If Medtronic makes the next version of its MiniMed pump interoperable and sees the partnership through to fruition, it could represent unprecedented openness to patient choice by the medtech giant. Unlike announced Tidepool Loop partners Insulet and Dexcom, Medtronic sells both pumps and CGMs. That means in connecting with Tidepool's algorithm, Medtronic would free its pump users (which number approximately 180,000 on the most recent version alone) to integrate their device with other brands' CGMs to a degree not previously possible outside of an entirely Medtronic system.
Part of the reason it has taken so long for any group to get such an algorithm authorized FDA is because other key interoperable pieces of an artificial pancreas system only recently became available. Although the diabetes tech market is saturated with many CGM and pump offerings, most aren't designed to talk to each other.
That began to change with FDA's March 2018 authorization of Dexcom's G6 as the inaugural iCGM, or integrated continuous glucose monitoring system. Then came Tandem's De Novo-winning interoperable insulin pump in February 2019, which established FDA's alternate controller enabled, or ACE, pump classification.
Projects like JDRF's Open Protocol initiative, launched in late 2017 in part to support development of predictable regulatory paths for open-protocol systems, have helped ramp up interest in interoperability efforts, according to Look.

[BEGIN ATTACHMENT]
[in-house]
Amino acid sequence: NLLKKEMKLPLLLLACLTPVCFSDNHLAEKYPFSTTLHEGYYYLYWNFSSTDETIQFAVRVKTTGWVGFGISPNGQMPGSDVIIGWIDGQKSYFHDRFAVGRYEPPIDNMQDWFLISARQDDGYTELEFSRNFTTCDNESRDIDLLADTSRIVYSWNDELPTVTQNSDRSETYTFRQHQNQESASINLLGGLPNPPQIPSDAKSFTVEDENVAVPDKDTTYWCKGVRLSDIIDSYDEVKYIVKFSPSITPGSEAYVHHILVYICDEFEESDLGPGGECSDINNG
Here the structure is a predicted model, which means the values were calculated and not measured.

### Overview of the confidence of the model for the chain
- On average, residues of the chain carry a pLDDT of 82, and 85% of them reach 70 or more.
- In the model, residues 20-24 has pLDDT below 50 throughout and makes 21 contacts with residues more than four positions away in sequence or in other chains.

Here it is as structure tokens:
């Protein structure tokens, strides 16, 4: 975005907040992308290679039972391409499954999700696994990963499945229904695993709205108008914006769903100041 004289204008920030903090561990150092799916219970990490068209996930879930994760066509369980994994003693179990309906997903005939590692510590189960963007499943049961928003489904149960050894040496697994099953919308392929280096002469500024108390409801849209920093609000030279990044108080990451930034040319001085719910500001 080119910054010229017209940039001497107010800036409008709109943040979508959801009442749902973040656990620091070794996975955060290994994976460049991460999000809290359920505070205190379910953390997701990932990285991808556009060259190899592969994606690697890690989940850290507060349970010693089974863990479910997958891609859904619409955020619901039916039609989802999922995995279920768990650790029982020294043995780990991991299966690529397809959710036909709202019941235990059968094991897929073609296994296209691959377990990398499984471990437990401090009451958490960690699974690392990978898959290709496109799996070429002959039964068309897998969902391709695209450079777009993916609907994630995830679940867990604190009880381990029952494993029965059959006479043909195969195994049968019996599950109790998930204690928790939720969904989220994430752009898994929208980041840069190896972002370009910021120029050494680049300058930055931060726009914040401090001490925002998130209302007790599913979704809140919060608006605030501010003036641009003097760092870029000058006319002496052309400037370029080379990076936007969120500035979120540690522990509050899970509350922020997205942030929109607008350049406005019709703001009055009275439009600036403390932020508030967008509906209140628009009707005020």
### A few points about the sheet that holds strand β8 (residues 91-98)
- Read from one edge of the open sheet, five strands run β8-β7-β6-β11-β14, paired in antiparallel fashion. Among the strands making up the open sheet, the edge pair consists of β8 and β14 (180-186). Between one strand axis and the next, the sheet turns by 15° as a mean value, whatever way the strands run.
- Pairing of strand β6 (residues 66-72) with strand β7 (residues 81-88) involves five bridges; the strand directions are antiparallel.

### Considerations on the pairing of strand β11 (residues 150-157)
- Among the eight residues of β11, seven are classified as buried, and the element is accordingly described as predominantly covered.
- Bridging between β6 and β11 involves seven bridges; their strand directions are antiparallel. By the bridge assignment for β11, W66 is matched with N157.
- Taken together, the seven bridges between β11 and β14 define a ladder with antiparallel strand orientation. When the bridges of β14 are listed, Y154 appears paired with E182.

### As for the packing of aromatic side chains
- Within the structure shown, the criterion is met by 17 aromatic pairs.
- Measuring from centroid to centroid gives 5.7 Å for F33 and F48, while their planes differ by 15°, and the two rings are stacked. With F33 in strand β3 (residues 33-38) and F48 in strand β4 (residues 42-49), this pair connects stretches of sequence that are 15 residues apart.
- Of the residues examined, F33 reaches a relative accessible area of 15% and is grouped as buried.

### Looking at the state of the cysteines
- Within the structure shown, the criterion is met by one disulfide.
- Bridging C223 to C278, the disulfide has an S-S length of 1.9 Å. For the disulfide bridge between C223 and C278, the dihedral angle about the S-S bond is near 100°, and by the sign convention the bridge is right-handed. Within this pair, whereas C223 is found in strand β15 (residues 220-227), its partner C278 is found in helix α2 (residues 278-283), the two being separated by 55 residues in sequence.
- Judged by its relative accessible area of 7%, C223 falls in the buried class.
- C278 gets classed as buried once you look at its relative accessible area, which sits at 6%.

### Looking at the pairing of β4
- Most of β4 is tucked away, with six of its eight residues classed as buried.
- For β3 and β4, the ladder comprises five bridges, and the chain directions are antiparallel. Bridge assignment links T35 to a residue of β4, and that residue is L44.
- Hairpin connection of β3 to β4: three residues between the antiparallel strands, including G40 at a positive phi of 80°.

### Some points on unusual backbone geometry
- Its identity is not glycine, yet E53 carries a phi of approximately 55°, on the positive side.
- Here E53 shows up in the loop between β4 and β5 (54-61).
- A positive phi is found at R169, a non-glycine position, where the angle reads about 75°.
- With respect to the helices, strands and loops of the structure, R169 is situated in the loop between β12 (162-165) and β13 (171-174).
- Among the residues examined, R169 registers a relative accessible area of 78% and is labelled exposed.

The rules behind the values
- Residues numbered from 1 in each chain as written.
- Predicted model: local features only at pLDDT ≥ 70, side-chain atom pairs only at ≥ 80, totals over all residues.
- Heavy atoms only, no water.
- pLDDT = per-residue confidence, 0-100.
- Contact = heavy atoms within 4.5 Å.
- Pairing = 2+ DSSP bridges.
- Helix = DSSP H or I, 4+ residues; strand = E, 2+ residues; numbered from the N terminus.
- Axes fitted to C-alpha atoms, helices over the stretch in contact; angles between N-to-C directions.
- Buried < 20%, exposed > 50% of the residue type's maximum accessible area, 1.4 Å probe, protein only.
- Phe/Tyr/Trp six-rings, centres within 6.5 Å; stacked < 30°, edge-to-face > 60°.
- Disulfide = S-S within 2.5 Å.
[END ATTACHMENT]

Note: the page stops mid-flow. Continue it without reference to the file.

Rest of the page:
"It really helped industry realize that the FDA was serious about wanting to pursue this interoperable components approach," he said.
Taking a closed loop system through FDA's regulatory process is key, he said, because some people simply want the confidence their management system has gone through the rigor of a regulatory review. Others haven't felt comfortable using the out-of-warranty, specially engineered pumps long necessary for supporting the closed loop algorithm.
If Tidepool Loop gets FDA's go-ahead, those seeking a hybrid closed loop system can turn to Tidepool for help or to raise concerns about malfunctions, Look said.
That kind of accountability is important, given the stakes of improper insulin dosing. FDA issued a safety communication in May cautioning against use of unapproved systems to manage blood sugar, citing an adverse event report in which insulin overdose required medical intervention.
"While the community has done an amazing job of providing support to the do it yourselfers, there's no single entity that you can go to that has stepped up and said … 'we will be the single point of accountability and responsibility for this,'" Look told MedTech Dive.